National Pain Awareness Month happens every September to bring awareness for issues related to pain and pain management; along with all of the benefits of physical therapy for pain and its management.
The first Pain Awareness Month was in 2001, when the ACPA led a coalition of groups to establish September as Pain Awareness Month. ACPA established Partners for Understanding Pain and 80 organizations, both health care professionals and consumer groups, including the NAACP supported the effort. With bringing awareness to this issue we want to address the solution for it as well, which is physical therapy for pain and pain management and how effective it is for individuals.
What is the goal?
To raise awareness about pain and its management, plain and simple. According to John Hopkins, nearly 100 million Americans suffer with some form of chronic pain, and many deal with it in their day-to-day lives – from lower back pain to chronic arthritis.
The real problem:
The chronic pain that many suffer from leads to problems besides the obvious pain. Some have resorted to medications which might get abused, and others suffer in silence. These and other reasons are why understanding pain and its management is so vital in our society.
Patients with chronic pain, what can you do:
Learning and education are the keys to help people suffering from chronic pain. Visiting your physician and learning more about your condition with help immensely.
Physical Therapy for Pain:
Using physical therapy for pain management is a great solution. This allows one-on-one interaction with a trained professional who can devise a treatment plan according to patients’ needs.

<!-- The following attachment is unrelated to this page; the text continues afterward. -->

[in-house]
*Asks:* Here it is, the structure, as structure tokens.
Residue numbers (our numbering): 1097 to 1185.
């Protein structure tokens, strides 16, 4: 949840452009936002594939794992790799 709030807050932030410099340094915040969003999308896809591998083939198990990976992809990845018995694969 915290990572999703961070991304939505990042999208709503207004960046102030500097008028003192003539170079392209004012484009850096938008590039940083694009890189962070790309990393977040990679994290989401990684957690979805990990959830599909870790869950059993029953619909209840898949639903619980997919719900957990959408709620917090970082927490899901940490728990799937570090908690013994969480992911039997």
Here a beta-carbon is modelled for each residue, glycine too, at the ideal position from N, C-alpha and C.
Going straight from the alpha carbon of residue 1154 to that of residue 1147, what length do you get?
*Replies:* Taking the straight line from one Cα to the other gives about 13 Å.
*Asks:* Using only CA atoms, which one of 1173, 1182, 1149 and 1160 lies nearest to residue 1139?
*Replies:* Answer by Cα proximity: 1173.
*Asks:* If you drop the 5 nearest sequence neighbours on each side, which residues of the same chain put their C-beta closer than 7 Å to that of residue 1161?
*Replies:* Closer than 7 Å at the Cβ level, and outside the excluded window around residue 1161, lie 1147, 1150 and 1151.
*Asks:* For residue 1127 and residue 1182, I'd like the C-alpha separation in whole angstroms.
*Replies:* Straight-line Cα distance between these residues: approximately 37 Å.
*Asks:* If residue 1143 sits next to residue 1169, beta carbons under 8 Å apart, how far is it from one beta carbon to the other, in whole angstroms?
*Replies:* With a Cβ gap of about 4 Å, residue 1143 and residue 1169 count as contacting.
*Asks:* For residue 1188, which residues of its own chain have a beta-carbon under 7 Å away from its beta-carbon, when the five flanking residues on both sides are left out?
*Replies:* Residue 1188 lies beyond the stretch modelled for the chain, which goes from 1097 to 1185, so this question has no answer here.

There are so many benefits to physical therapy for pain relief! Most patients want more than to just mask the pain; they want a real solution. Not only that, but they want results that will last longer than a course of medication. A PT will identify the source of the problem and provide different treatments along with a custom plan. This is the kind of attention that a regular doctor doesn’t often have the time to give. But, a physical therapist can ask questions and talk about pain issues.
Here are a few examples of chronic pain where physical therapy can help:
- Chronic Headaches
- Rheumatoid arthritis
- Neuropathic pain
- Lower back pain
Most people who suffer from chronic pain just want to be heard and understood. This type of pain is not something you see on the surface and so, most of the time, it is not addressed. Patients want to move forward and be comfortable in their own skin again; this is where physical therapy comes in and helps alleviate the problem.
“Chronic pain is, in and of itself, a chronic illness. Chronic pain is its own disease, and it can be very isolating. It can lead to depression, and in many cases, suicide.” – Dr Rosenblatt
In the end, physical therapy might not seem like the quickest way to ease pain since it’s not immediate. But in the long run, it is the most effective way to improve pain and help with pain management.
PTs, learning and education in pain management isn’t that far out of your reach! Check out these informative courses: